interactive data sculpture
interactive data sculpture

A Matter of Scales

an interactive data sculpture

representing illegal shipments of pangolins

Laser cut scales represent data points

One-hundred fifteen scales map by area to the number of pangolins represented in a single illegal trade shipment seized

Interactive scales via capacitive touch

Scales sense when a person touches them, sending a signal to a second, on-screen data visualization

Scales help explore data

Touching a scale focuses on that data point within an on-screen geographic data visualization

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Where can I find it?
A Matter of Scales was commissioned by the University of Iowa Mobile Museum. Currently, it is installed for the 2018 traveling season, running April through October.
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Where did the data come from?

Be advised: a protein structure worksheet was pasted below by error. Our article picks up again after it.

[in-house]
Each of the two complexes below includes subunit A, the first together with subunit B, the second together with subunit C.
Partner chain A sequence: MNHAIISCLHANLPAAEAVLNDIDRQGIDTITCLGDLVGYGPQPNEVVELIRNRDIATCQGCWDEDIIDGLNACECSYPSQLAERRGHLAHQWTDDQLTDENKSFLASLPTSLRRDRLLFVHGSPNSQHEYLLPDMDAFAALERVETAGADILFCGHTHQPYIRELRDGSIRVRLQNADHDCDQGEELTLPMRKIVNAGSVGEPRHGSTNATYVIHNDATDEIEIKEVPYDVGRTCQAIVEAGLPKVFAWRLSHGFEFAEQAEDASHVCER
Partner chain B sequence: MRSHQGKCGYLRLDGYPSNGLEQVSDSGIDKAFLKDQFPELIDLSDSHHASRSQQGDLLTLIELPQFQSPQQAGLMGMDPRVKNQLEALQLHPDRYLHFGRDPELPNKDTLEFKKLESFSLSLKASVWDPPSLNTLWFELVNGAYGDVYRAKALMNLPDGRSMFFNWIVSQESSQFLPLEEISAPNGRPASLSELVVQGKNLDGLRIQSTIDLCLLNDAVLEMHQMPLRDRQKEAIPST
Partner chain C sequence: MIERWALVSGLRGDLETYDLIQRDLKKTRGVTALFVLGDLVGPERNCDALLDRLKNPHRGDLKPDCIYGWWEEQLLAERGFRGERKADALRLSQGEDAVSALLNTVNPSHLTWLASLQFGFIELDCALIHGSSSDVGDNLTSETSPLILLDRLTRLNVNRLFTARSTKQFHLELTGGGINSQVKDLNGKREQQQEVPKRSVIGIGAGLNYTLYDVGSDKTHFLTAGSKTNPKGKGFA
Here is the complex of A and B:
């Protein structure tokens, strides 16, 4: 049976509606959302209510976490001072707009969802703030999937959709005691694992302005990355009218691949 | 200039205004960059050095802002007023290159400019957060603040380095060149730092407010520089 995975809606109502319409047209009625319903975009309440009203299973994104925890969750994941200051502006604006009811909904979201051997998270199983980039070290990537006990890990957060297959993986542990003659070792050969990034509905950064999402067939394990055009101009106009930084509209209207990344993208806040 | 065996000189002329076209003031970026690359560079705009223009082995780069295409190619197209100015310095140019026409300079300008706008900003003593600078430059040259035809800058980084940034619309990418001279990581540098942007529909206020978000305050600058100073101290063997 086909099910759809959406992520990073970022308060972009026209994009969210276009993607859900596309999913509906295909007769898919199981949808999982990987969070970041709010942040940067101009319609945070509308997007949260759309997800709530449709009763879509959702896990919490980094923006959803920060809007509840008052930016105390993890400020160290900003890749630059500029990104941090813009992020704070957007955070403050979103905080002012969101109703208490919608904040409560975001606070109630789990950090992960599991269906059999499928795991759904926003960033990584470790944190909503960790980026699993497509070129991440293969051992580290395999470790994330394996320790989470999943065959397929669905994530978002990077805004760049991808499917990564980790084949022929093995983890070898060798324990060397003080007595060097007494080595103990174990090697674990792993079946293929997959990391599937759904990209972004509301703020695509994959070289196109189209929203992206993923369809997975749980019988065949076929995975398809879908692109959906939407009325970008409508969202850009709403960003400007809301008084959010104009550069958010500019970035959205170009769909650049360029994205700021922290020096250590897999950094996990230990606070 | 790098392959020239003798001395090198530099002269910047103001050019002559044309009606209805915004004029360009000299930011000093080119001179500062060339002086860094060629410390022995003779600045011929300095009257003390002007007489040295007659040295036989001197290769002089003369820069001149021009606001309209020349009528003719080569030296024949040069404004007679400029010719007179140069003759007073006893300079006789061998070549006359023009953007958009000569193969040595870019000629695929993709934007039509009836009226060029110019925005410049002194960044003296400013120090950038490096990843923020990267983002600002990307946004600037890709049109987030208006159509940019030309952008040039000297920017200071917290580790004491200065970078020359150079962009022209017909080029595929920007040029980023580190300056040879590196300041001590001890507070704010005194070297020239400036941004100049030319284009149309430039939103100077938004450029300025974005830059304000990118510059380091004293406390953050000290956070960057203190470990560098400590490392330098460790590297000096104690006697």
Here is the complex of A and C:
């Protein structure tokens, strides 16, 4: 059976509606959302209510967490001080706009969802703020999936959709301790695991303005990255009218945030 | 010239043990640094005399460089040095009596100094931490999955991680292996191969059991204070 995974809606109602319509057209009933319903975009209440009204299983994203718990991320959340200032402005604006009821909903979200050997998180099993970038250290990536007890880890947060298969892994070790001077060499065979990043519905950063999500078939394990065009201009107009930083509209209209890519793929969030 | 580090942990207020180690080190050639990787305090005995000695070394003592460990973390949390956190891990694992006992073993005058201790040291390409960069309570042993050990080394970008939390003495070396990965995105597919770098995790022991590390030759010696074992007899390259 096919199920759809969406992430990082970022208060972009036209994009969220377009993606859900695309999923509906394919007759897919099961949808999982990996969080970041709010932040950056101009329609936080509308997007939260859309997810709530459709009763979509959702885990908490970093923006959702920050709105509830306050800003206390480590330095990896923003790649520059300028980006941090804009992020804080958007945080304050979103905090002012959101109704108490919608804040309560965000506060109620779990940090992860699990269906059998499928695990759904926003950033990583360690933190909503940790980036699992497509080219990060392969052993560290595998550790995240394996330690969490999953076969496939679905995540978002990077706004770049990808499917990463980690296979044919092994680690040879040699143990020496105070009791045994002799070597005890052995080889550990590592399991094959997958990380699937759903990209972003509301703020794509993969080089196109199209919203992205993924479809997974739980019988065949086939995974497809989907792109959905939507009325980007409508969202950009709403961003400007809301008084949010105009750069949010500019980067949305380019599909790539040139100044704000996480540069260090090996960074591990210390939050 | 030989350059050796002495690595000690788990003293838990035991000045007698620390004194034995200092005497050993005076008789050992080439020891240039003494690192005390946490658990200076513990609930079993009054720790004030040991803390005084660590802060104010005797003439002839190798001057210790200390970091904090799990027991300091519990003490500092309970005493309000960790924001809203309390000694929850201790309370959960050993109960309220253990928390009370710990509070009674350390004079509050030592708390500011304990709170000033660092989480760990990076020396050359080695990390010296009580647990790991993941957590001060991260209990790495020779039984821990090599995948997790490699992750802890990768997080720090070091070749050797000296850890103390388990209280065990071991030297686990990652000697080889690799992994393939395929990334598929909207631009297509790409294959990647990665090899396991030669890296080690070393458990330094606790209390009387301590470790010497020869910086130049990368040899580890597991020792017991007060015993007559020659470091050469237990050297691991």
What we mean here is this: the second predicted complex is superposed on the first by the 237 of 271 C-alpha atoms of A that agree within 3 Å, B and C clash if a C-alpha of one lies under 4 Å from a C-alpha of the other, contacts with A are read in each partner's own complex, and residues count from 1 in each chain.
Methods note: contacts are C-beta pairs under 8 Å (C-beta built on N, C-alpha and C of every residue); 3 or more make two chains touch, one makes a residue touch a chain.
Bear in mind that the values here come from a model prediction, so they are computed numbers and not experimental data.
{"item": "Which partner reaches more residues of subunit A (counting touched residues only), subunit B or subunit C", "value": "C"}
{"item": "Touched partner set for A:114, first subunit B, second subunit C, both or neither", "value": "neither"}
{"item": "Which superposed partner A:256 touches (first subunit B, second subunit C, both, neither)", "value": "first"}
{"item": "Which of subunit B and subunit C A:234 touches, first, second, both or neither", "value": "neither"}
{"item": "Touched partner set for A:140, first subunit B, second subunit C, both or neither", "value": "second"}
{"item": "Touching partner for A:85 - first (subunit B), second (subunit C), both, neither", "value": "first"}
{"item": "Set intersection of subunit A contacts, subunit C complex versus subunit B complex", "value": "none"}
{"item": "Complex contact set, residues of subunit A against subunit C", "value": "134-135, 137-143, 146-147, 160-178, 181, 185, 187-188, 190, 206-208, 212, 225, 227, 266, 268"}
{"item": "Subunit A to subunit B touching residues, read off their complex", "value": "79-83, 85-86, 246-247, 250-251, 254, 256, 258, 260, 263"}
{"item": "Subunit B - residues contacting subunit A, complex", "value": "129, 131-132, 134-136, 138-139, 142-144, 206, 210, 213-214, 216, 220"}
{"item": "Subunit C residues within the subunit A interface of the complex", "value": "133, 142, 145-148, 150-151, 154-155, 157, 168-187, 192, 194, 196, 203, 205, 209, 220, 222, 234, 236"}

The data was collected and provided by the Environmental Investigation Agency.
Kevin Ripka
Who built it?
The data sculpture was created by Kevin Ripka, an assistant professor at the University of Iowa who specializes in data visualization, science communication, and interactive design.
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How is the data sculpture built?

The scales are made of thermoplastic sheets called Worbla that have been laser cut to map the area of a scale to how many pangolins in the shipment are represented by a data point. Each scale then has a piece of window screening hard-wired to a capacitive touch sensor.

Four sensors, allowing for up to 48 scales, are connected to an Arduino Uno. With 115 interactive scales, three arduino unos connect to an Arduino Mega, which in turn connects to a computer running a node web server. When a scale is touched, an event is emitted with sockets to a web page running the geographic data visualization.

Scales are finished off with gesso. The head, legs, and arms are sculpted with thermoplastic pellets.

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